Turkey, by comparison, has only 21 courses and entered top-flight tournament golf only last year with this event. Yet their hat is very much in the ring for the Ryder Cup in 2022, the next European staging after 2018 in Paris. As Akif Cagatay Kilic, their minister for youth and sports put it last week: "There is competition, but I don't think we will shy away from anything that is put in our way." Including building a new course specifically for the event.

Through sponsorship from Turkish Airlines, their main involvement in golf so far, has been at amateur level, with 50 tournaments around the world, including Ireland. And as many as 100 are planned for next year as part of a strategy to project a new, welcoming image through sport, with no expense spared.

Indeed Turkey's ultimate target is to play host to the Olympic Games. To this end, Minister Kilic pointed to greater Turkish representation in the various international sports organisations, while they have European Tour commitments for this weekend's tournament and Challenge Tour events, extending to 2024.

Ahmet Agaoglu, president of the Turkish Golf Federation, then prompted some forced smiles here among European Tour officials when claiming that it was cheaper for someone to fly from London for a golfing week in Antalya, than the "huge money" it cost him to attend the Ryder Cup, given that he was based 75km from Gleneagles. Which, interestingly, was my own experience.

Making the top 50 in the world rankings by year-end, has become synonymous with qualification for the US Masters. Which led me to tell Lowry about a chat I had with Paul McGinley in April 2001, a year before the Dubliner made his Augusta debut. Describing his fascination with the place, McGinley went on to recount several invitations he had declined to play there as a member's guest.

"Because I want to earn the right to be there," he explained. Lowry smiled. "I know exactly what he meant," he said. "I felt the very same way in 2013 when I had the chance of joining the other guys in the house Horizon [his agents] had at Augusta for Masters week.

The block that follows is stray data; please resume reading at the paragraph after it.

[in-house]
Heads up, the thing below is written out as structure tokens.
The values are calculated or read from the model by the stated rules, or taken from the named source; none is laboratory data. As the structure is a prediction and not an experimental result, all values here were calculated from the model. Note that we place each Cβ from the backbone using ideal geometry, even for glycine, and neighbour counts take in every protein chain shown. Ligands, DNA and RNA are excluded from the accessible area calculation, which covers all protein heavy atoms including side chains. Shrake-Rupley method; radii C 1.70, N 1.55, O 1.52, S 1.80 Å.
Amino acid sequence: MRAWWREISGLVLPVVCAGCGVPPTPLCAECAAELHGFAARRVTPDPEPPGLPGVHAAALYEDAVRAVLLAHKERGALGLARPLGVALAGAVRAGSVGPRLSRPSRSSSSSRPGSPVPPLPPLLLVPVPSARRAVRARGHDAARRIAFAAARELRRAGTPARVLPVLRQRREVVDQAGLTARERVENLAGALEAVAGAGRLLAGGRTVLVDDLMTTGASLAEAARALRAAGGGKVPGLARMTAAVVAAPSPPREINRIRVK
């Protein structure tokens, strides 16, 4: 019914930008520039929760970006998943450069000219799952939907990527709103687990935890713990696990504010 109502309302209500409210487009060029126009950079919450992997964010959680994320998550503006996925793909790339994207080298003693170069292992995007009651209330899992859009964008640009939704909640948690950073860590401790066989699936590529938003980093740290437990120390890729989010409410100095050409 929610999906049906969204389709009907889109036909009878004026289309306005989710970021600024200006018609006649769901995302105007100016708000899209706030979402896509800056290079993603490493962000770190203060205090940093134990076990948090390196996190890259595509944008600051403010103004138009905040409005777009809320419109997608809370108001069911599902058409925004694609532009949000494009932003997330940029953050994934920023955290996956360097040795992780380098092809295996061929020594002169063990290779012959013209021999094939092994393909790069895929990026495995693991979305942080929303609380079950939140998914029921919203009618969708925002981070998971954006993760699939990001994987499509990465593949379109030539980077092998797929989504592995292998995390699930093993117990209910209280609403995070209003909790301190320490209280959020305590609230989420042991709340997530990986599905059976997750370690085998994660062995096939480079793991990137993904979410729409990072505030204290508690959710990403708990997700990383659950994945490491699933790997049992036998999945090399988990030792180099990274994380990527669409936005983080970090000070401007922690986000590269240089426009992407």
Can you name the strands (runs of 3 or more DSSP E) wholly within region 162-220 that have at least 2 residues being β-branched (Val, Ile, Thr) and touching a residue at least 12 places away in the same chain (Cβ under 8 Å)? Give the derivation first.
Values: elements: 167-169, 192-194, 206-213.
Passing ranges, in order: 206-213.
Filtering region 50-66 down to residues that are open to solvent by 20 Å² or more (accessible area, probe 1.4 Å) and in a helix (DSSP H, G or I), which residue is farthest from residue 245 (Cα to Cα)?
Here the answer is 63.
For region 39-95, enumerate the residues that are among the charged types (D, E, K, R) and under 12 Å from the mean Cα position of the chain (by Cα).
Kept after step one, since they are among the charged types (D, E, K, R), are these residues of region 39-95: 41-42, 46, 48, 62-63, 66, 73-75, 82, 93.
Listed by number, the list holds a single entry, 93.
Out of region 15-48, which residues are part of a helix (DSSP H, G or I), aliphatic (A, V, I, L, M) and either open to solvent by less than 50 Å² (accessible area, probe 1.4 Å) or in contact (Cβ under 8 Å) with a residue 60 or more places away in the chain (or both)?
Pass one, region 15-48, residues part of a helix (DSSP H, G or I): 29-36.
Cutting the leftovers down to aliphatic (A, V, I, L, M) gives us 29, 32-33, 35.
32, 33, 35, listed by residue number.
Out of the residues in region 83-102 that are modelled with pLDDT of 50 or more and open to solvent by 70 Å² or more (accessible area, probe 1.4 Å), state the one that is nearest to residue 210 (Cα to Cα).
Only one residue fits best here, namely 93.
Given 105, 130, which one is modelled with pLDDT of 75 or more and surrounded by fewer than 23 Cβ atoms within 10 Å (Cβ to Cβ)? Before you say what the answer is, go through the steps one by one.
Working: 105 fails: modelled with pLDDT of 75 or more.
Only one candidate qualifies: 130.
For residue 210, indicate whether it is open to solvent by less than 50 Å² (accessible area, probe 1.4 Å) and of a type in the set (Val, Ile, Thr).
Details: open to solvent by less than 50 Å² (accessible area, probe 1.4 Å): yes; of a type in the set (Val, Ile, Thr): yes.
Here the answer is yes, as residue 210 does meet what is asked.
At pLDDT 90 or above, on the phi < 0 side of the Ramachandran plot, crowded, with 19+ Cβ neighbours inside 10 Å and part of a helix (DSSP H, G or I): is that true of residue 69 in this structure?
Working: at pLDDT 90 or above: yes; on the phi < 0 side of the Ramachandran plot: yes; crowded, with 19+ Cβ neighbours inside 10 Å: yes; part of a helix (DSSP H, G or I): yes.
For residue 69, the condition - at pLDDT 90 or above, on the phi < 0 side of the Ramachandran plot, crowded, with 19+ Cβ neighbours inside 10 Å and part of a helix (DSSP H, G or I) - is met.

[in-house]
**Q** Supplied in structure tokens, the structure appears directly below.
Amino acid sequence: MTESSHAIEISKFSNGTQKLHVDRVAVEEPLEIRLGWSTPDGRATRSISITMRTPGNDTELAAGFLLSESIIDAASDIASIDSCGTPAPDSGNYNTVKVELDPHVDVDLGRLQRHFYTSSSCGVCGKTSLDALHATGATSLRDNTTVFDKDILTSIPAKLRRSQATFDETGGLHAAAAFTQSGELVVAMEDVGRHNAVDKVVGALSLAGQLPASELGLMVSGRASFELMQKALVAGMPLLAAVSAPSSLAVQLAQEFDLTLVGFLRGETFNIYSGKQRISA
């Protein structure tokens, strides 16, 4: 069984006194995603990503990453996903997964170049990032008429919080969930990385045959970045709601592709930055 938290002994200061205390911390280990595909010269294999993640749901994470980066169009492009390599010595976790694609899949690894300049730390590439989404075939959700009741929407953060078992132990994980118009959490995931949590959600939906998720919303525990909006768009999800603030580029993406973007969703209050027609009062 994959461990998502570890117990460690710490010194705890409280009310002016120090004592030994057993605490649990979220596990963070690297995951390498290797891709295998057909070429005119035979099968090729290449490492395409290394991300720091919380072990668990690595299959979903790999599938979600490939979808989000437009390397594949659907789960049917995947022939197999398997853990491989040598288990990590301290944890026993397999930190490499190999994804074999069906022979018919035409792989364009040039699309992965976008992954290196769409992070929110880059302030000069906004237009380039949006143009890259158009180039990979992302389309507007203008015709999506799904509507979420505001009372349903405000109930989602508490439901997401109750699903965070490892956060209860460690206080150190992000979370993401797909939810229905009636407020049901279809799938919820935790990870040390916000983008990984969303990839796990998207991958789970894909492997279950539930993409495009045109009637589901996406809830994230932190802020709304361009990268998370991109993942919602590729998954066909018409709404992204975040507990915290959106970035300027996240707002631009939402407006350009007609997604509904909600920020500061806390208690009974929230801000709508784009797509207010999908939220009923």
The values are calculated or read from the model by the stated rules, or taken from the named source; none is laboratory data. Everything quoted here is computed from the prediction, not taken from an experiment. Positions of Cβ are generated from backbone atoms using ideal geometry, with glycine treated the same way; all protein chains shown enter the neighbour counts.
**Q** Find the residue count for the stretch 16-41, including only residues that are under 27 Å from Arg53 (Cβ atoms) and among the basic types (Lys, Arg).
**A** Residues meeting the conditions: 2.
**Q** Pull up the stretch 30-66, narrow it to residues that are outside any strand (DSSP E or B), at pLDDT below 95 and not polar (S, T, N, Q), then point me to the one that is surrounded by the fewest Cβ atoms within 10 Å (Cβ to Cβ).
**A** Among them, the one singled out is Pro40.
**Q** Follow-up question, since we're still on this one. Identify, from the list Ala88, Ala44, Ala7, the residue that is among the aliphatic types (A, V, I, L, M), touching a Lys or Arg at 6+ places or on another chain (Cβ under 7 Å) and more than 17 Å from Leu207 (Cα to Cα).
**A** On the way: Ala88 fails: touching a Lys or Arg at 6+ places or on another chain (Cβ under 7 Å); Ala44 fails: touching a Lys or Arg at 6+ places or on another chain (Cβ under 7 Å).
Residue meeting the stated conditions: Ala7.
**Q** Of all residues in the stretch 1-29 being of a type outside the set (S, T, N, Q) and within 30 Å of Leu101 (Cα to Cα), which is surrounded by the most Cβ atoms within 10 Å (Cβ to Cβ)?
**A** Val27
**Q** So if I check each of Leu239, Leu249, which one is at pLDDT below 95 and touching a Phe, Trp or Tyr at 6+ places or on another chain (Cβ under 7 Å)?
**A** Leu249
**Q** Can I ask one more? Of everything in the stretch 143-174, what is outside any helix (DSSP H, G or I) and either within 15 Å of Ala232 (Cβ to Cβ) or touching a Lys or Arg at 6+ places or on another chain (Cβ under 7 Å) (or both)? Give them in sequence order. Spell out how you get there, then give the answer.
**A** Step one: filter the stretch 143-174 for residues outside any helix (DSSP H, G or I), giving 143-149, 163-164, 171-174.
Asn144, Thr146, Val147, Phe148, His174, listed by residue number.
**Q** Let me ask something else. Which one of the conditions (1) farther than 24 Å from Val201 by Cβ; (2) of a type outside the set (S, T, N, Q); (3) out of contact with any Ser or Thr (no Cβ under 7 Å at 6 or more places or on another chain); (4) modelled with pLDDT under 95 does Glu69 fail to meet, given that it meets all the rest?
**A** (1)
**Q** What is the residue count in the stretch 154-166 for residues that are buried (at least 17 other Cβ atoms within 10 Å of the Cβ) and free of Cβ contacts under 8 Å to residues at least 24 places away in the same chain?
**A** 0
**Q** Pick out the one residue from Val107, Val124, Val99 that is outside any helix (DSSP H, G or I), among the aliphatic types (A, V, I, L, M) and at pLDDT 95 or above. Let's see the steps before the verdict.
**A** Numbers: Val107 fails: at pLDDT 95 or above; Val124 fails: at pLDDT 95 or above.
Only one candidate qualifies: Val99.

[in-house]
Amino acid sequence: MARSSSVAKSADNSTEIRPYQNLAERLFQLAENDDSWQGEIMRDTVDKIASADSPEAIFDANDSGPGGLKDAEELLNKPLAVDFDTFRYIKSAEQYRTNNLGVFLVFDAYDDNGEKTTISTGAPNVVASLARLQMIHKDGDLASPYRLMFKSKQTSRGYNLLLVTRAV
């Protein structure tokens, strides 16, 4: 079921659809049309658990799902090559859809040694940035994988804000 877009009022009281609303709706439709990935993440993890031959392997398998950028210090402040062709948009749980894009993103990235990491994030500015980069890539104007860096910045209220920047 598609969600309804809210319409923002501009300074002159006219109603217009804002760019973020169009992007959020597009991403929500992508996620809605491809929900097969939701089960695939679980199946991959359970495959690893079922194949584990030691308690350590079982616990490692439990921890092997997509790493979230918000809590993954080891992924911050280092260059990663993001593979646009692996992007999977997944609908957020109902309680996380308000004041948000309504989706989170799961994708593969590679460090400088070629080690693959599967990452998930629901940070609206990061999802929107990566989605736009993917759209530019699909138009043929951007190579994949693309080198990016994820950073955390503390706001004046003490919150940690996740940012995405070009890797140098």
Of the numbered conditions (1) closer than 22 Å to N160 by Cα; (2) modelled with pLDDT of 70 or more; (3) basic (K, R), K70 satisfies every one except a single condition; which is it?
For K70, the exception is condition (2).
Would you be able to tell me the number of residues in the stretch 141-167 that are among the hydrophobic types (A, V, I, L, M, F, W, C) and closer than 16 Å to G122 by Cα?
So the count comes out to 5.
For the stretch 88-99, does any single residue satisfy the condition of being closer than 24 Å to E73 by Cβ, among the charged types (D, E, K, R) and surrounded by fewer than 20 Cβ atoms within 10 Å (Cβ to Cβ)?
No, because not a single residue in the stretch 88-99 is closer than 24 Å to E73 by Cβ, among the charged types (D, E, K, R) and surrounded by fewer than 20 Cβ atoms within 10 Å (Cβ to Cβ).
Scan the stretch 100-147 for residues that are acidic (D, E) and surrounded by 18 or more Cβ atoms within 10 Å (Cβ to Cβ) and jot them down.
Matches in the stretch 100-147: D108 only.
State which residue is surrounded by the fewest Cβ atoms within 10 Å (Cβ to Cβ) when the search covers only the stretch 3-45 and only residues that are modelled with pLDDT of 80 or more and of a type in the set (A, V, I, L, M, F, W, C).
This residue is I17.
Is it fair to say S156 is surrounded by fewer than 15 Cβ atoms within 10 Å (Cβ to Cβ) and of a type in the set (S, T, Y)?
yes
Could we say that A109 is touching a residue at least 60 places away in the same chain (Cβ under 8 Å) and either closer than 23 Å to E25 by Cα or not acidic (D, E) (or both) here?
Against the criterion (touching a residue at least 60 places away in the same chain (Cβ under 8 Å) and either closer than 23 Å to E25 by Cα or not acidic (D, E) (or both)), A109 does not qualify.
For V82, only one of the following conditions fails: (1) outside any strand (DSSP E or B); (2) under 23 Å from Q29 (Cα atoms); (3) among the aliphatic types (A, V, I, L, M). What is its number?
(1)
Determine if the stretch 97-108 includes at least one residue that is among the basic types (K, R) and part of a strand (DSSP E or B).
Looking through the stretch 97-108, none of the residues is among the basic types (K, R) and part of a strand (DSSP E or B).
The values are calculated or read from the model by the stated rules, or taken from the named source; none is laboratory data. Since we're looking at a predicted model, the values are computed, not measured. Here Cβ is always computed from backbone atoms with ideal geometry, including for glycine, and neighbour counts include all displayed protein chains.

"I had just played the Valero Open on an invite and with a week off before going to New Orleans, Conor Ridge thought I might enjoy taking it easy and walking the practice rounds with G-Mac. But to be honest, I couldn't think of anything worse. So I said no, went home to Ireland and returned to the States the following week."

He continued: "The same applies to the Ryder Cup. I wouldn't dream of going to it if I wasn't playing. That makes me all the more determined on a serious move up the world rankings. And I'm not just thinking top 50. I know I'm good enough to be looking at the top 30."

Currently 51st, Lowry views his status with mixed feelings. "All this talk of the top 50 has been driving me mad for the last couple of years," he said. "But the other side of the coin is that I really feel comfortable at the highest level. I feel I can compete against anyone.

"I'm very much aware that qualifying for the top tournaments is not enough in itself. I've got to perform in them. And where the Masters is concerned, the sooner I get there the better, because, by all accounts, it's going to take a few attempts to feel comfortable there. And I would certainly like to feel fully acclimatised in, say, five years from now."

With the right focus, Augusta beckons.